2. The integrated circuit of claim 1, further comprising:
a first drive transistor controlling the luminance of the first organic light emitting device located under the first organic light emitting device;
a second drive transistor next to the first light emitting device, the second drive transistor controlling the luminance of the second organic light emitting device; and
a third drive transistor controlling the luminance of the third organic light emitting device, the third drive transistor located next to the second organic light emitting device and under the third organic light emitting device.
3. The integrated circuit of claim 1 , further comprising a voltage line coupled on one side of the first organic light emitting device, a data line coupled between the first organic light emitting device and the second organic light emitting device.
4. The integrated circuit of claim 2, further comprising a select line to activate the programming of the organic light emitting devices coupled to the first organic light emitting device, the second drive transistor and the third organic light emitting device.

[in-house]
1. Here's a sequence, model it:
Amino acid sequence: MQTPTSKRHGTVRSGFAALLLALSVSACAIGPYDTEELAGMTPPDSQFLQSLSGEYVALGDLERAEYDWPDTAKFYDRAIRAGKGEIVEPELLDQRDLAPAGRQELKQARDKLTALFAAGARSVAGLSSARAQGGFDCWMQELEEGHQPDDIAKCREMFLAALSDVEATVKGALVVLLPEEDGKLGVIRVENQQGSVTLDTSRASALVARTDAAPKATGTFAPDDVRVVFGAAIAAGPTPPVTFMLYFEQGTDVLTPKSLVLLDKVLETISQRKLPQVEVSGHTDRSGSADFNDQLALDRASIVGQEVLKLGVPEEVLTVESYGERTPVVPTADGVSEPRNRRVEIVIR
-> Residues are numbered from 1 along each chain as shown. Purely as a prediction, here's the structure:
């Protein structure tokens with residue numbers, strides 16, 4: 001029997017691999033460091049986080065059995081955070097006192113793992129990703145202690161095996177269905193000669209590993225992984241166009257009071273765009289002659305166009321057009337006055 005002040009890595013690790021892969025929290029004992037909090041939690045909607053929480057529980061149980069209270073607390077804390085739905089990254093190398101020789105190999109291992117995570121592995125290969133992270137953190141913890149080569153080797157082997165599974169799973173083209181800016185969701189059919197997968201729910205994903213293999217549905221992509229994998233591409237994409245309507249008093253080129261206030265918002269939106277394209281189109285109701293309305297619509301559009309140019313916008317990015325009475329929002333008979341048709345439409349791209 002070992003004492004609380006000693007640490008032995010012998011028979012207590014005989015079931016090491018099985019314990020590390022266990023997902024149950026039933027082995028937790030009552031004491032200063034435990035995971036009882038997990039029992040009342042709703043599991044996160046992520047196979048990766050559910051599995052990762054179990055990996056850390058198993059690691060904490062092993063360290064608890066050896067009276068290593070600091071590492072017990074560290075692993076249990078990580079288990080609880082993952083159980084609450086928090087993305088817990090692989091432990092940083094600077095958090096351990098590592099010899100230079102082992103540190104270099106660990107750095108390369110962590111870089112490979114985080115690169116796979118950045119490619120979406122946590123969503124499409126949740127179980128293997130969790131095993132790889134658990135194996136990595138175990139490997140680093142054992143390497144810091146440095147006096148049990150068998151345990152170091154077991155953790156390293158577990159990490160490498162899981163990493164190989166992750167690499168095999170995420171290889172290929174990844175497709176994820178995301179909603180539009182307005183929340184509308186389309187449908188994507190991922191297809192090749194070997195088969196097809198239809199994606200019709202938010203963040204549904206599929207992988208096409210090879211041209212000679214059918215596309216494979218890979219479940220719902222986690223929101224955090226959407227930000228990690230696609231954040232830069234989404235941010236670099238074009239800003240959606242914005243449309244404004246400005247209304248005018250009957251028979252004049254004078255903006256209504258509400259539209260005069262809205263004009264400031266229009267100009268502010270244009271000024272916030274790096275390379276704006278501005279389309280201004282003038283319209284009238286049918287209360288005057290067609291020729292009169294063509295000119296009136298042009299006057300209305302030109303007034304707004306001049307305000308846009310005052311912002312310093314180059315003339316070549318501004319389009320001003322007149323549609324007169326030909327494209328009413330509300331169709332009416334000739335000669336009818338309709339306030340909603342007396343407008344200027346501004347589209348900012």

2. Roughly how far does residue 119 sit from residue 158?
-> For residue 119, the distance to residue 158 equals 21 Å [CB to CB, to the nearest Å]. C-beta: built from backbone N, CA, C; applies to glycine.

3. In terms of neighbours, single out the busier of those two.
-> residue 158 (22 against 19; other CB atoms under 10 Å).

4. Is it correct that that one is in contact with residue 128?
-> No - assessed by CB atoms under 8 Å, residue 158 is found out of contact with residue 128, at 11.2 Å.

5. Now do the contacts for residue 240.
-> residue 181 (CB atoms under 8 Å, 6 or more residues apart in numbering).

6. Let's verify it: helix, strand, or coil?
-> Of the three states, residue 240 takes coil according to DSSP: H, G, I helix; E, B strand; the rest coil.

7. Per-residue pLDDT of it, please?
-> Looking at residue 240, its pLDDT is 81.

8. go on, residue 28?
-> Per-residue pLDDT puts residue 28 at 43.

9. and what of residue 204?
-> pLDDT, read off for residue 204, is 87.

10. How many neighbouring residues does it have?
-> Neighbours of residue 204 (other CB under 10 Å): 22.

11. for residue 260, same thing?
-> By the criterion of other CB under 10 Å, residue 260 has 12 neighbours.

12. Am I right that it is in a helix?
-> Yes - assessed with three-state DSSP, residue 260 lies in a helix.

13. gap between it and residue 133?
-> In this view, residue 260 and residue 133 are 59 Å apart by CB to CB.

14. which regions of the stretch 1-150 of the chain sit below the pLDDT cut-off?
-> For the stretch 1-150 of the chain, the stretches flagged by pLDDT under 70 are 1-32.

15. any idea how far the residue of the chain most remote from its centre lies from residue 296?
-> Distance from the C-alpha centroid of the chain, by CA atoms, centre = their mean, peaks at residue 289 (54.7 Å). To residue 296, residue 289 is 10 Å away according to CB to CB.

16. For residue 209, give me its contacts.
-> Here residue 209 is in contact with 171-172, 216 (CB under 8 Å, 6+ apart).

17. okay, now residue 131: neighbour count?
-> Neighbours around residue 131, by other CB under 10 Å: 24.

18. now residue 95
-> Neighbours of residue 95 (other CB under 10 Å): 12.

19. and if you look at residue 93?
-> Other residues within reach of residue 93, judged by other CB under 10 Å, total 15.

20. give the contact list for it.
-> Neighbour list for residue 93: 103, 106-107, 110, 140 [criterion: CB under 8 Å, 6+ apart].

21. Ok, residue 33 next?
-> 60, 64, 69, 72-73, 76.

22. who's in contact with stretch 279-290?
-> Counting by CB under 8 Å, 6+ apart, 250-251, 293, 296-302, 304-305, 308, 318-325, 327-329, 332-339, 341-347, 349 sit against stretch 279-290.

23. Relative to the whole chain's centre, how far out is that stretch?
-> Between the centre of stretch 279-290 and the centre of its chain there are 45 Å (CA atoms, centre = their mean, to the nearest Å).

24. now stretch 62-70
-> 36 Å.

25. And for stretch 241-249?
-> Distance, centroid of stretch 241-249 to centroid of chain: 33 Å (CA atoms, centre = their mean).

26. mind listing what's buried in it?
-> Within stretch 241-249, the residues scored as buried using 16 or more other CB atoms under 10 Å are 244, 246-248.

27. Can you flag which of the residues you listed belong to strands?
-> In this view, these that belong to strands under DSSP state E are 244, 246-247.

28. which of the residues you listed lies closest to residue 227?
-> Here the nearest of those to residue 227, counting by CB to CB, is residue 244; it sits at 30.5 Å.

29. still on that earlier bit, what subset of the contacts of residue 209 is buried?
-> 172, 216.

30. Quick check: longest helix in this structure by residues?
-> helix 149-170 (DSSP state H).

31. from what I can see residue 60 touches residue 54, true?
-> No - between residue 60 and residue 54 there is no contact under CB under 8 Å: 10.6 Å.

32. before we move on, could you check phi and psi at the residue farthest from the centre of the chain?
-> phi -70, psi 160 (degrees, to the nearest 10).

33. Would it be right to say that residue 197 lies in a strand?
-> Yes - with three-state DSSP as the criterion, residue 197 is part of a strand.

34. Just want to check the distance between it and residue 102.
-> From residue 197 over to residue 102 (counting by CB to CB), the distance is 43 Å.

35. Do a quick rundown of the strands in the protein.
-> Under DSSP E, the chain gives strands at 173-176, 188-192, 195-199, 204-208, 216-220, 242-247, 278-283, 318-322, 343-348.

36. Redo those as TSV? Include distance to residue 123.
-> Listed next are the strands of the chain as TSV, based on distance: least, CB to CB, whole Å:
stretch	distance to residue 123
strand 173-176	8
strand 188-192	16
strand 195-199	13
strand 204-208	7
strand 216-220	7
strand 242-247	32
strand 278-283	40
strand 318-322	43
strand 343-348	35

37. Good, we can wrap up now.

5. The integrated circuit of claim 2, further comprising a fourth organic light emitting device located next to the third drive transistor and a fourth drive transistor controlling the luminance of the fourth organic light emitting device located next to the third organic light emitting device, wherein the fourth organic light emitting device emits white light.
6. The integrated circuit of claim 1 , wherein the first color is green, the second color is blue and the third color is red.